The more technical way of making the point is to emphasize that the conception of “the physical” that physicalism typically presupposes is a mechanistic one – that is to say, one which (as I have discussed ad nauseam, e.g. here) takes matter to be devoid of any immanent or intrinsic final causality or teleology of the sort affirmed by the Aristotelian-Scholastic tradition the early moderns sought to overthrow. For the Scholastics, efficient causes in the natural order inherently “point to” or are “directed at” their effects, and in sweeping aside immanent final causality the moderns rejected the claim that any natural phenomenon inherently and irreducibly “points to” or is “directed at” anything at all. Intrinsically, the natural world is for them comprised instead of “nothing but” meaningless, purposeless particles in motion or the like. (Descartes, Locke, Boyle, Newton, and other early mechanists did of course think of ends or goals being imposed on the world by God, but precisely because they were mechanists opposed to Aristotelianism and Scholasticism, they saw the resulting purposes or meanings as extrinsic to the world rather than inherent. See the great many posts on this theme that I’ve written over the last several months, as well as the discussions in The Last Superstition and Aquinas.)
Now, if intentionality involves something “pointing to” or being “directed at” or “about” something beyond itself, and the mechanistic conception of matter underlying physicalism holds that there is no such thing in nature as something inherently and irreducibly being “directed at” or “pointing to” something else, then it seems at the very least difficult to see how intentionality could possibly be something material or physical. I had reason to make this point in my recent post on Chomsky. But though Stoljar quotes the same passage from Jerry Fodor that I cited there, he does not see (as Fodor does, though Fodor does not make explicit reference to the anti-Aristotelian mechanistic revolution) that it is the moderns’ own conception of matter, rather than the “paradoxes of intentionality,” that generates the difficulty.
Again, the point is not that the physicalist might not have a good response to points like the ones I’ve been making – I don’t think so, but that’s another issue. The point is rather that it misses the point to address the problem of intentionality as if the paradoxes Stoljar calls attention to were at the heart of it, and as if it had nothing to do with the nature of “the physical.” Both the commonsense point and the technical point (as I have called them) show that the problem has very much to do with the nature of the physical, and nothing essentially to do with the paradoxes.
But how, the physicalist might still ask, does dualism fare any better? For as Stoljar suggests, wouldn’t any objection to a physicalist account of intentionality apply mutatis mutandis to any dualist alternative? Or as Clayton Littlejohn once objected in a remark in Victor Reppert's combox: “It seems like causal pathways in an immaterial substance would have the same content fixation problems as causal pathways in a physical substance.”
As I have said, this sort of objection seems increasingly common in contemporary philosophy of mind, but it is deeply confused. What dualist ever said anything about “causal pathways in an immaterial substance”? Stoljar and Littlejohn seem to think that what the dualist means by an immaterial substance or soul is something that is just like a material substance – and in particular, something with distinct and causally interrelated parts – only not material, but instead “made out of” some other kind of “stuff” (“ectoplasm” maybe). In short, a kind of ghostly machine, but a machine all the same. But that is precisely what dualists – whether of a Platonic, Thomistic, or Cartesian stripe – do not think the soul is. For dualists have typically held that the soul is simple or non-composite, and thus not “made out of” causally interrelated parts of any sort. That its activities cannot be modeled on those of a material substance is the whole point.
How should we think of it, then? For the Cartesian, the essence of the soul is thought, and that is the entirety of its essence. Descartes does not say: “Gee, it’s hard to see how intentionality could be explained in terms of causal relations between physical parts. I therefore postulate an immaterial substance with immaterial parts whose causal relations are capable of generating thought and intentionality.” That would imply that in addition to thought, a soul has of its nature the various parts in question and their characteristic interrelations. And that is just what Descartes denies. A Cartesian immaterial substance doesn’t generate thinking. It is thinking, and that is all that it is. For that reason, and contrary to what Stoljar assumes, the Cartesian conception of intentionality cannot possibly be open to the same objections raised against physicalism. To say “Maybe a Cartesian immaterial substance – that is to say, something which just is its activity of thinking – could, like a physical substance, exist in the absence of intentional mental states” is just incoherent. A physicalist might want to raise some other objection to the Cartesian view, but Stoljar’s tu quoque is not open to him.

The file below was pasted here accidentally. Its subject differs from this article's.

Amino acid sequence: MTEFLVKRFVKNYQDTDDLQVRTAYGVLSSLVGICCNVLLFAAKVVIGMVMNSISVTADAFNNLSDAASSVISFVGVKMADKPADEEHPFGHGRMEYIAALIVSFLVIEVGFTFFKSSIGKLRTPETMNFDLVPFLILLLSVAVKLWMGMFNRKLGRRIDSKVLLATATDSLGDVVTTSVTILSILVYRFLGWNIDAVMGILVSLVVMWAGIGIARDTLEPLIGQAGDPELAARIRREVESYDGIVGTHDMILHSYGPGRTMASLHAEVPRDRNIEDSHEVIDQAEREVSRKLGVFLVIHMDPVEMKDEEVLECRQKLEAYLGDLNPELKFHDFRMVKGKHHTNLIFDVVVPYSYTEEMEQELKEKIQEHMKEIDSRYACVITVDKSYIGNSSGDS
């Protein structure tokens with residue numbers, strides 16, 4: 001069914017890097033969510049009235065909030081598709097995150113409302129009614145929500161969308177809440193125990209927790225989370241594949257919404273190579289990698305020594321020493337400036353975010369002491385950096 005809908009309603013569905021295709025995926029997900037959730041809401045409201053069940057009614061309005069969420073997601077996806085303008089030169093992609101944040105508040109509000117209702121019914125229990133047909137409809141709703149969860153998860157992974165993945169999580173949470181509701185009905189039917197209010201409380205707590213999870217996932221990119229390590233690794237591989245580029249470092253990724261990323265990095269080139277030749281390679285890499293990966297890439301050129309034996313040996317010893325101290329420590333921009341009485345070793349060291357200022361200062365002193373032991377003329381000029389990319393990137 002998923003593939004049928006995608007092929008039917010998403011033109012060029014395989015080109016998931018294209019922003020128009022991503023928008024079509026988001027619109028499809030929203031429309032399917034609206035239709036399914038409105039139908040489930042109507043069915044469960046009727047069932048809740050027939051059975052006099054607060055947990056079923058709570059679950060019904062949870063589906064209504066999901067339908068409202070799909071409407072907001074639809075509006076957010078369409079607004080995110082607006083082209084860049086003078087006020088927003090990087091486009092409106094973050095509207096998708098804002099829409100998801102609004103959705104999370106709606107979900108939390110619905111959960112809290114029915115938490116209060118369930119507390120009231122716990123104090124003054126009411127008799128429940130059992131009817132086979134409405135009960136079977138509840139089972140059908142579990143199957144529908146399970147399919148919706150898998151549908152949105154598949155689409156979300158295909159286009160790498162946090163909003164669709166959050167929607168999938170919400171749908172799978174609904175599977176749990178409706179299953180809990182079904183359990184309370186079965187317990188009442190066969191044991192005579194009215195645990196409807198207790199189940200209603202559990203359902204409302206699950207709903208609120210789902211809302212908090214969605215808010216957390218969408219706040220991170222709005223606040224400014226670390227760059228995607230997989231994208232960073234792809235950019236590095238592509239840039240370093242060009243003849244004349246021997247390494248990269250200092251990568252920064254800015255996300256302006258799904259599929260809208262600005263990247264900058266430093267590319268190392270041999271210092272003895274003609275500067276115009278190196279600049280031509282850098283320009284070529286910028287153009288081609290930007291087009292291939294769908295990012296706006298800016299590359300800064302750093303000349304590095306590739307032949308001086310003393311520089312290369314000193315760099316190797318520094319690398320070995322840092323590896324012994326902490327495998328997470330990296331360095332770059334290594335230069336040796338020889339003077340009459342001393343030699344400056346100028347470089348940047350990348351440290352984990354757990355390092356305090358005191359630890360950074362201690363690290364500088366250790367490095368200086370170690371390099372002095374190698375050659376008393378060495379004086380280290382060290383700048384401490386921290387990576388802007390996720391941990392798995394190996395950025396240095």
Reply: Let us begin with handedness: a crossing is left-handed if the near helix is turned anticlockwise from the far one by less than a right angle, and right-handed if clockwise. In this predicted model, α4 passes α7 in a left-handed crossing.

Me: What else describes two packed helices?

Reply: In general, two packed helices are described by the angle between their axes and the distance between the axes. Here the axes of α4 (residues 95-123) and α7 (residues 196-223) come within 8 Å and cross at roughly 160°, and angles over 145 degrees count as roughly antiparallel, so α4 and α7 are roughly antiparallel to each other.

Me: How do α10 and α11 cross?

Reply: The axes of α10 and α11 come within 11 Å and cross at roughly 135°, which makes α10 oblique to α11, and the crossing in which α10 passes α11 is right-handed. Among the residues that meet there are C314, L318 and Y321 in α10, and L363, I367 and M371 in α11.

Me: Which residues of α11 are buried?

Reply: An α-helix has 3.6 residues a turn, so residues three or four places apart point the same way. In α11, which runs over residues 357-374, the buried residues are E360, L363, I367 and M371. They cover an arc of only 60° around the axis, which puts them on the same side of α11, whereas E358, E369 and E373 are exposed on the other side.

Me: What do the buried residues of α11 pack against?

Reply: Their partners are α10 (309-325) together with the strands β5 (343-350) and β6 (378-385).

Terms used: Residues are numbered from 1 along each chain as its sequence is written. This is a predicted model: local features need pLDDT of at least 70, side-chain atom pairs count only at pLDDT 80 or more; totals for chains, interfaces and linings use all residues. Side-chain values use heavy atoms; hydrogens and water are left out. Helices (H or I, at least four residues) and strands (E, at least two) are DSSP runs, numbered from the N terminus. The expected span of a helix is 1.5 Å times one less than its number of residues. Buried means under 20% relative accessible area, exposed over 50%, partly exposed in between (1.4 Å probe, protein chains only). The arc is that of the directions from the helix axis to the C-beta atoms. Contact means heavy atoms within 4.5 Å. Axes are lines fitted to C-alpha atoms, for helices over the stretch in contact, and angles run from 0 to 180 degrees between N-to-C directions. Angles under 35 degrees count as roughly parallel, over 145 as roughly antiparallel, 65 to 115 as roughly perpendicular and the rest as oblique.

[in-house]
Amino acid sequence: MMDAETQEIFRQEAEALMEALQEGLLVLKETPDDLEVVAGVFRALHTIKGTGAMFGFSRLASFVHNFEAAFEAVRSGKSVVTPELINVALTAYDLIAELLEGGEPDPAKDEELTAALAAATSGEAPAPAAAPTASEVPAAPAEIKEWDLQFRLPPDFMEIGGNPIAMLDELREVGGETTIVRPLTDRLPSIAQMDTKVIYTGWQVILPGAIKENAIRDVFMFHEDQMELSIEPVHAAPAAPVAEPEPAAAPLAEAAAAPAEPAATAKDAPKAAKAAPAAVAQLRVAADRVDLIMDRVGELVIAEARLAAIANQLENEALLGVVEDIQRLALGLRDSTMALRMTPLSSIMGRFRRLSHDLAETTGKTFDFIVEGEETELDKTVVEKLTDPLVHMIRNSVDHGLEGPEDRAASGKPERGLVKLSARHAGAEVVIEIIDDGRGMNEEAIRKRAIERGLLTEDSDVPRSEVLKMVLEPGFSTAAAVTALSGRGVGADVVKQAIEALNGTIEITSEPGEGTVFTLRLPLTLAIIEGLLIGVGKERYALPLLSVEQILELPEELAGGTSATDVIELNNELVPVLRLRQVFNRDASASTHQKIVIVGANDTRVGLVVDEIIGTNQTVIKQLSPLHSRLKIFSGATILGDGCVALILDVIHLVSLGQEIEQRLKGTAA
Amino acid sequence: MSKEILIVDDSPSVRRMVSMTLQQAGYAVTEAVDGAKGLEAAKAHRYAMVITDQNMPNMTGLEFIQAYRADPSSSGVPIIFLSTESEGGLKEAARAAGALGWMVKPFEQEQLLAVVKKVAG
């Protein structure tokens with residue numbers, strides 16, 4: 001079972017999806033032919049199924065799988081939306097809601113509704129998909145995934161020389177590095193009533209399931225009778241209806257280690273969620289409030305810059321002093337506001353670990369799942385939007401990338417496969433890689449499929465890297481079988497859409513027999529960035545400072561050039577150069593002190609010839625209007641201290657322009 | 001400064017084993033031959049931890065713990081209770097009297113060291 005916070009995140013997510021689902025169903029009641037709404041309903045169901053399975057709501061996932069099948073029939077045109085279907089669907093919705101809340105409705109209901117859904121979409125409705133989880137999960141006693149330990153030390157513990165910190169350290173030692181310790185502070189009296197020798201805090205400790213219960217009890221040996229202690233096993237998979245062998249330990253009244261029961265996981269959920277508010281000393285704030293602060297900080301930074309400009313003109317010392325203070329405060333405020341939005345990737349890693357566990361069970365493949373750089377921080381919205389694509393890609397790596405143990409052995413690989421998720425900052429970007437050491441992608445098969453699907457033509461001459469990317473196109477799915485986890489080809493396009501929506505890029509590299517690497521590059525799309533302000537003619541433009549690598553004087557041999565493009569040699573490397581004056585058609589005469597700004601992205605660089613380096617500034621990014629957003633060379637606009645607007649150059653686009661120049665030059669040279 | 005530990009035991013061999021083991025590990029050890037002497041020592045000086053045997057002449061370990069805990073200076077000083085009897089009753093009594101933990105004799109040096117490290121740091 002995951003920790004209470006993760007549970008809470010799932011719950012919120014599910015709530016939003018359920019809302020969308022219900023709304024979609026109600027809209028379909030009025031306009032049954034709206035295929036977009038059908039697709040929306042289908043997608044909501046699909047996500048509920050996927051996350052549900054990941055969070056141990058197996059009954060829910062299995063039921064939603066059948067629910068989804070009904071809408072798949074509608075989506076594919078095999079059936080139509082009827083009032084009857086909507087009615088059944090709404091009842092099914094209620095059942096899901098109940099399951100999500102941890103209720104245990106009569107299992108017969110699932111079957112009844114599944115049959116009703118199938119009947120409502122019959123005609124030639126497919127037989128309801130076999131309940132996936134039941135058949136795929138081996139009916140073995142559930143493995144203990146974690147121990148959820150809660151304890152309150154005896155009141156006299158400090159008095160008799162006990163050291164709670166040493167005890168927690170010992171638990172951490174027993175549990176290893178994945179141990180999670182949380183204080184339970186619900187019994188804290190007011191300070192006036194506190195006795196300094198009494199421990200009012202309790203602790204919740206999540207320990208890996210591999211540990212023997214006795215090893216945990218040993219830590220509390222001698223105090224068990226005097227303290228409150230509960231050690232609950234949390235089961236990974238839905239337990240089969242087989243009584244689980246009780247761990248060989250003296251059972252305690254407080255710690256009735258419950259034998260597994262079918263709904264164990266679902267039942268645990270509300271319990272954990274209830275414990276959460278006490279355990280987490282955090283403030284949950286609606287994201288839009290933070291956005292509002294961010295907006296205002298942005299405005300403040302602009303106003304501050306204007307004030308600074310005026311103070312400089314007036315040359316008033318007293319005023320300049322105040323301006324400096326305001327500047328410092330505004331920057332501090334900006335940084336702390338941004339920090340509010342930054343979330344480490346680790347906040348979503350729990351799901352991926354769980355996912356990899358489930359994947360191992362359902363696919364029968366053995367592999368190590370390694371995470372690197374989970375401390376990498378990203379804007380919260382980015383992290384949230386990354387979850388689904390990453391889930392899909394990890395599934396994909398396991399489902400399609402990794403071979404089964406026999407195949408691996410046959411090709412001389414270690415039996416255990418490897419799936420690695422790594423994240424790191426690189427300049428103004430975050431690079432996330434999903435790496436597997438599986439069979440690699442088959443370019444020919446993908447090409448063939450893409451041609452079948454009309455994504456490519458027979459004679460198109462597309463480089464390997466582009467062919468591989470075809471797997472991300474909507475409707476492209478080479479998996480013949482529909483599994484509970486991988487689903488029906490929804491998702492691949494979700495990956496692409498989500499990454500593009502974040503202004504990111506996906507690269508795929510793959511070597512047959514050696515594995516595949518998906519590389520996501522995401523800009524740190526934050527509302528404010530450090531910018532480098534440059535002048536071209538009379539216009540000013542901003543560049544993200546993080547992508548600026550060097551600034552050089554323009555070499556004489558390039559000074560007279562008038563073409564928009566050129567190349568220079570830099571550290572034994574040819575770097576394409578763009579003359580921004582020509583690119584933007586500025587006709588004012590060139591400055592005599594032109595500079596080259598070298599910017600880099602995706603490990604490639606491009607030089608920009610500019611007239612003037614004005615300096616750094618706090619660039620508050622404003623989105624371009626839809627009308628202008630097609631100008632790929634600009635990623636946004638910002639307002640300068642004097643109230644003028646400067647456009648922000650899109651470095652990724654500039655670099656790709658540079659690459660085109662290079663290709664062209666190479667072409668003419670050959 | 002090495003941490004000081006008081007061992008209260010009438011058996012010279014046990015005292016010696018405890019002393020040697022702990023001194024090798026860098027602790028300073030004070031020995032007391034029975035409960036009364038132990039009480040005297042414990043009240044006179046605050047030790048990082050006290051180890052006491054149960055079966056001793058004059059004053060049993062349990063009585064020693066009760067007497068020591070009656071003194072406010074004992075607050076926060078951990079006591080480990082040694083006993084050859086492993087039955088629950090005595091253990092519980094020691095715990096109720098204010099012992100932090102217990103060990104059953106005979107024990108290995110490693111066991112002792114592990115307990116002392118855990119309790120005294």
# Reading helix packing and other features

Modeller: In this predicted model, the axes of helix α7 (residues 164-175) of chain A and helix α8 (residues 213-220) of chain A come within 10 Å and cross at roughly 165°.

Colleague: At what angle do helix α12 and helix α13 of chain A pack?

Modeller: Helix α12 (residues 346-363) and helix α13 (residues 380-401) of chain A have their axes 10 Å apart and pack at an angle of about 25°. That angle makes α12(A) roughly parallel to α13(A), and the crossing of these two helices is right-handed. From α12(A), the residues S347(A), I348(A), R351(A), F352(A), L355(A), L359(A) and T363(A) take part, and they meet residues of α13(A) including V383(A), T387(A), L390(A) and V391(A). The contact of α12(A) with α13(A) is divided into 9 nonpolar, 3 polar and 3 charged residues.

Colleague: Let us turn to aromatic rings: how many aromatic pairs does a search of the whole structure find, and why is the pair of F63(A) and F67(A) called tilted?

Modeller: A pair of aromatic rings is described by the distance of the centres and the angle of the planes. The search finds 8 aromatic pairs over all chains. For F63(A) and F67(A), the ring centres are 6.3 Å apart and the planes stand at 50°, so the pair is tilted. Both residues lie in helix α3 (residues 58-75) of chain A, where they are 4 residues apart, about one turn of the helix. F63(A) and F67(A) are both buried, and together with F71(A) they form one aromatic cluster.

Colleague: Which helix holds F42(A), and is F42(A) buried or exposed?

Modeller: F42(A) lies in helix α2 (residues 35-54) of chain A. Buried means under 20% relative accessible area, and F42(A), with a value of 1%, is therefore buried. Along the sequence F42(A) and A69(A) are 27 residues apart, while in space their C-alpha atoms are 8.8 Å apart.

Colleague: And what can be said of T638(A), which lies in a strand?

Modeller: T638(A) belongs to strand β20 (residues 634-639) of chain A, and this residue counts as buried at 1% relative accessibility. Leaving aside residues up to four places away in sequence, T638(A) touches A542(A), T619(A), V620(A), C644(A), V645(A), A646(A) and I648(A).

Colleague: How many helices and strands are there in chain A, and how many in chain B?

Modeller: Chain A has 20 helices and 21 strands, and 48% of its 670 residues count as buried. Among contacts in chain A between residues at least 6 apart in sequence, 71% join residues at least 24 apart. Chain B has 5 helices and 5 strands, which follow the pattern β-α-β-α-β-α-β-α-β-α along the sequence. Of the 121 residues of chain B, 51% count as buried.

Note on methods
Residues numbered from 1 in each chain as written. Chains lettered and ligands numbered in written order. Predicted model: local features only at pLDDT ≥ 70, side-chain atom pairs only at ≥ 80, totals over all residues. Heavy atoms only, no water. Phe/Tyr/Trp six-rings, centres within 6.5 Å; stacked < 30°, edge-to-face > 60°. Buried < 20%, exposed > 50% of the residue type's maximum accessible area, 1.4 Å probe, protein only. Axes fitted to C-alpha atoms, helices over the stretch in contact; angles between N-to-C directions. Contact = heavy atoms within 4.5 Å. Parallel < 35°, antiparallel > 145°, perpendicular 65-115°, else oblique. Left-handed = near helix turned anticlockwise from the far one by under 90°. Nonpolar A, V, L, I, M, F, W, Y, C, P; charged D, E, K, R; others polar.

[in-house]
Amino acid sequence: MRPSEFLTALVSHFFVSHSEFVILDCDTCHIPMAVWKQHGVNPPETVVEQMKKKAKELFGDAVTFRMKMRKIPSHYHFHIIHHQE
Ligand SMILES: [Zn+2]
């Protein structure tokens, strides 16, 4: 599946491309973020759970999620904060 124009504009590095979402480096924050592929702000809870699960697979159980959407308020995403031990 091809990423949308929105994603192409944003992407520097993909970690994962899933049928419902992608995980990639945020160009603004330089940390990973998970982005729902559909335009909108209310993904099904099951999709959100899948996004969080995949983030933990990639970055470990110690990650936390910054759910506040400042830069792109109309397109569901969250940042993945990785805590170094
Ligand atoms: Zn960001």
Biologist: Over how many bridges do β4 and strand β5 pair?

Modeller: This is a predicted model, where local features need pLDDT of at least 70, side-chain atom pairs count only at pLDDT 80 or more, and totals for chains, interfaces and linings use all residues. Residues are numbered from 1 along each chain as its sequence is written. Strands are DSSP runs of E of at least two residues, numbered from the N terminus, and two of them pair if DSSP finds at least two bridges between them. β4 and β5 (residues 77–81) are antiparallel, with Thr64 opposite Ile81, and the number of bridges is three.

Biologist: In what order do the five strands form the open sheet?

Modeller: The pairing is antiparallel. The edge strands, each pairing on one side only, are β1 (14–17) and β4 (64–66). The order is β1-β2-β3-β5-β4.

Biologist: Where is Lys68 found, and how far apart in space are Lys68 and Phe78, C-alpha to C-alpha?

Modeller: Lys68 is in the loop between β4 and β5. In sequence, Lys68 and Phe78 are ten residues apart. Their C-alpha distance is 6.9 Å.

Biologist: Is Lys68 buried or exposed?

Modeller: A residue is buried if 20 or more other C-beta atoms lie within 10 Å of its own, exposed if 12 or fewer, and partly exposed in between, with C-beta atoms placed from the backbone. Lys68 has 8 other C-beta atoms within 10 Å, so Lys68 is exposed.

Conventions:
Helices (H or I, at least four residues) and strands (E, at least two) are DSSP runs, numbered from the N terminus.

Now, for the Thomistic or hylemorphic dualist, the soul is to be understood, not as pure thought, but rather as the substantial form of the living human body. And qua form, it is not a complete substance in the first place, much less a material or quasi-material one. (Talk of the soul as an “immaterial substance” is thus for the Thomist at least misleading, though he does hold that the soul subsists beyond the death of the body as an incomplete substance.) Here too, though, talk of interrelated quasi-material parts, “causal pathways,” and the like is completely out of place. But for the Thomist, the Cartesian’s talk of inner “representations” is out of place too; as I have discussed elsewhere (e.g. here and here) the “representationalist” conception of the mind is an essentially modern one that the ancients and medievals generally would have rejected. As a consequence, the ancients and medievals would reject too the essentially modern way of framing the issue of intentionality that I have, for the sake of argument, been following up to now in this post. For instance, if a broadly Aristotelian-Thomistic conception of nature is correct, then natural phenomena really do have intrinsic final causes after all, so that (for example) material efficient causes inherently “point beyond” themselves to their effects. It would follow that a thought’s “pointing beyond” itself cannot be what makes it immaterial; and indeed, that is not the sort of argument the ancients and medievals gave for the mind’s immateriality. (Nor did they argue from “qualia” – that too, as I have noted many times before, is a very modern sort of argument for dualism, and presupposes a mechanistic approach to nature.) The ancients and medievals focused instead on such features of our thoughts as their universality and determinacy, which they took to be essentially incompatible with thought’s having any material organ. (See here, here, chapter 4 of Aquinas and chapter 7 of Philosophy of Mind.)
But that is a gigantic topic of its own. Suffice it for present purposes to note that with respect to Thomistic dualism no less than the Cartesian version, contemporary physicalists would do well to try better to “know their enemy” before dismissing him.